Sunday, February 10, 2013
From a confederal to a federal Europe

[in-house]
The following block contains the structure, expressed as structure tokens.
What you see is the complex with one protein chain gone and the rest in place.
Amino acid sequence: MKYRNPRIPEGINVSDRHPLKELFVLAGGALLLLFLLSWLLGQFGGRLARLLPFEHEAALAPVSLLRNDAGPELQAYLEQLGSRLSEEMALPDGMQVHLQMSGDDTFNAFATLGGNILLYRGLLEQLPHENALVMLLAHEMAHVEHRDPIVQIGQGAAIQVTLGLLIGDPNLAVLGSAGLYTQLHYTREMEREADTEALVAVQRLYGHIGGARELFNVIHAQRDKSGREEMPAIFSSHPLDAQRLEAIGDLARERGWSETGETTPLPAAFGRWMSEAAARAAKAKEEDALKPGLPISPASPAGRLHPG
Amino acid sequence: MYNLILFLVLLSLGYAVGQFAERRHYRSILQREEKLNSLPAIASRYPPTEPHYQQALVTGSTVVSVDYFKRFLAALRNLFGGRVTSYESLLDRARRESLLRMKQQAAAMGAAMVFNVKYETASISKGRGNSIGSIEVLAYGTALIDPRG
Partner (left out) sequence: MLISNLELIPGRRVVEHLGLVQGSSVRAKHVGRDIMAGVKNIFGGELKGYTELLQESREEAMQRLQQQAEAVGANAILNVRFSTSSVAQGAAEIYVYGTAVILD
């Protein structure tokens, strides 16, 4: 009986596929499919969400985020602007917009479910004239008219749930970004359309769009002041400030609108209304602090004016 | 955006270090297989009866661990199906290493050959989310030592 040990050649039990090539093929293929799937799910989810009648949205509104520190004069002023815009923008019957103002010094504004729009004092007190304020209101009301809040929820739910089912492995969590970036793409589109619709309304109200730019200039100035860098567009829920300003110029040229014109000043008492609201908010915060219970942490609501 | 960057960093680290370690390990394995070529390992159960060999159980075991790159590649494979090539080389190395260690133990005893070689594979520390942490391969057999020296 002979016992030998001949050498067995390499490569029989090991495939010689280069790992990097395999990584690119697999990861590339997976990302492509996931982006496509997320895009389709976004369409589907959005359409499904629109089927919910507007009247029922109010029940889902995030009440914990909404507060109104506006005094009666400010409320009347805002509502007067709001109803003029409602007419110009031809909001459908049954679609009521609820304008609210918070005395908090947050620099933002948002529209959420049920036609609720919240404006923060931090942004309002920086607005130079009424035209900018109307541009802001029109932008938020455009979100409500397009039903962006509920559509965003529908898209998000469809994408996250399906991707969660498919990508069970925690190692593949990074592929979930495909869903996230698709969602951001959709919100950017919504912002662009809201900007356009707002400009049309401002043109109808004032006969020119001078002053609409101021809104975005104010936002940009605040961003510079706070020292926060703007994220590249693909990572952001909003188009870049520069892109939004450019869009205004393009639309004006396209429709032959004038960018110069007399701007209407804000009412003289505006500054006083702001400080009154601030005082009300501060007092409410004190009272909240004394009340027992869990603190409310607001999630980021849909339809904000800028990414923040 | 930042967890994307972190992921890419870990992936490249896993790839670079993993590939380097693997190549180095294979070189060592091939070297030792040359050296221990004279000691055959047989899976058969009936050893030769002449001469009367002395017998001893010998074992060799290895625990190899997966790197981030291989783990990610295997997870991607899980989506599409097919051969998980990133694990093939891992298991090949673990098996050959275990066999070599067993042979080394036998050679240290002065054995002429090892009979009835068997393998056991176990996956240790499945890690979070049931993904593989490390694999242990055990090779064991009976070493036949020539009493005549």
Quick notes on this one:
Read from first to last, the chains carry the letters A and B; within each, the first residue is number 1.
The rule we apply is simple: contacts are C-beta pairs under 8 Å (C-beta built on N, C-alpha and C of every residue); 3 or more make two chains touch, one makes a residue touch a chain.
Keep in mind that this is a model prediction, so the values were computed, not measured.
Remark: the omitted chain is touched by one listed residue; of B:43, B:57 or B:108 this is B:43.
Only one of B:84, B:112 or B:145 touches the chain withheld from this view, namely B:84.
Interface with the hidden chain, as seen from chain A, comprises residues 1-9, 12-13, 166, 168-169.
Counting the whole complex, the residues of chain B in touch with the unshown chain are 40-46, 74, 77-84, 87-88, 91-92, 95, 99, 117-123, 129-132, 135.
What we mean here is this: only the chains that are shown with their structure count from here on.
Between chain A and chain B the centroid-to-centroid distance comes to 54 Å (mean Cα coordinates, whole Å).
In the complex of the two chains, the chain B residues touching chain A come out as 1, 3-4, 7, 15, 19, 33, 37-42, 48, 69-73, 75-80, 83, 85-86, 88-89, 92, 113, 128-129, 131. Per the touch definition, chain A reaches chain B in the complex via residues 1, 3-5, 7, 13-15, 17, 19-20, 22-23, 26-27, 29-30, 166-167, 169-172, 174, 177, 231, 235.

A few days ago, the meeting of the European leaders to approve a new budget, finished with an insatisfactory agreement, because it failed to launch a coordinated program of egalitarian and balanced growth. The national media focused in each country on the advantages or disadvantages of the new budget for the local finances. Unfortunately, the debate did not focus on the long run implications of the difficulties to make progress towards a more coordinated, federal, democratic Europe. Of course, it will not be easy to advance to this from the current confederal Europe, where each member state has veto power, as it was not easy in the US to advance form a confederacy of states to a federal Union. But a true integrated market will only be possible if, like in America, there is a federal government with a federal budget, with taxation powers, with a substantial transfer of sovereignty from the states to the Union, where resources are pooled and transfers are made at the right scale. National debates are a bit ridiculous against the background of this challenge. National debates will be absolutely irrelevant if Europe is not able to evolve to a clear federal, integrated structure. It will be irrelevant in the new geo-strategy of economic and political powers, and its dream of a large multicultural community where nation-states belong to the past will come to a halt.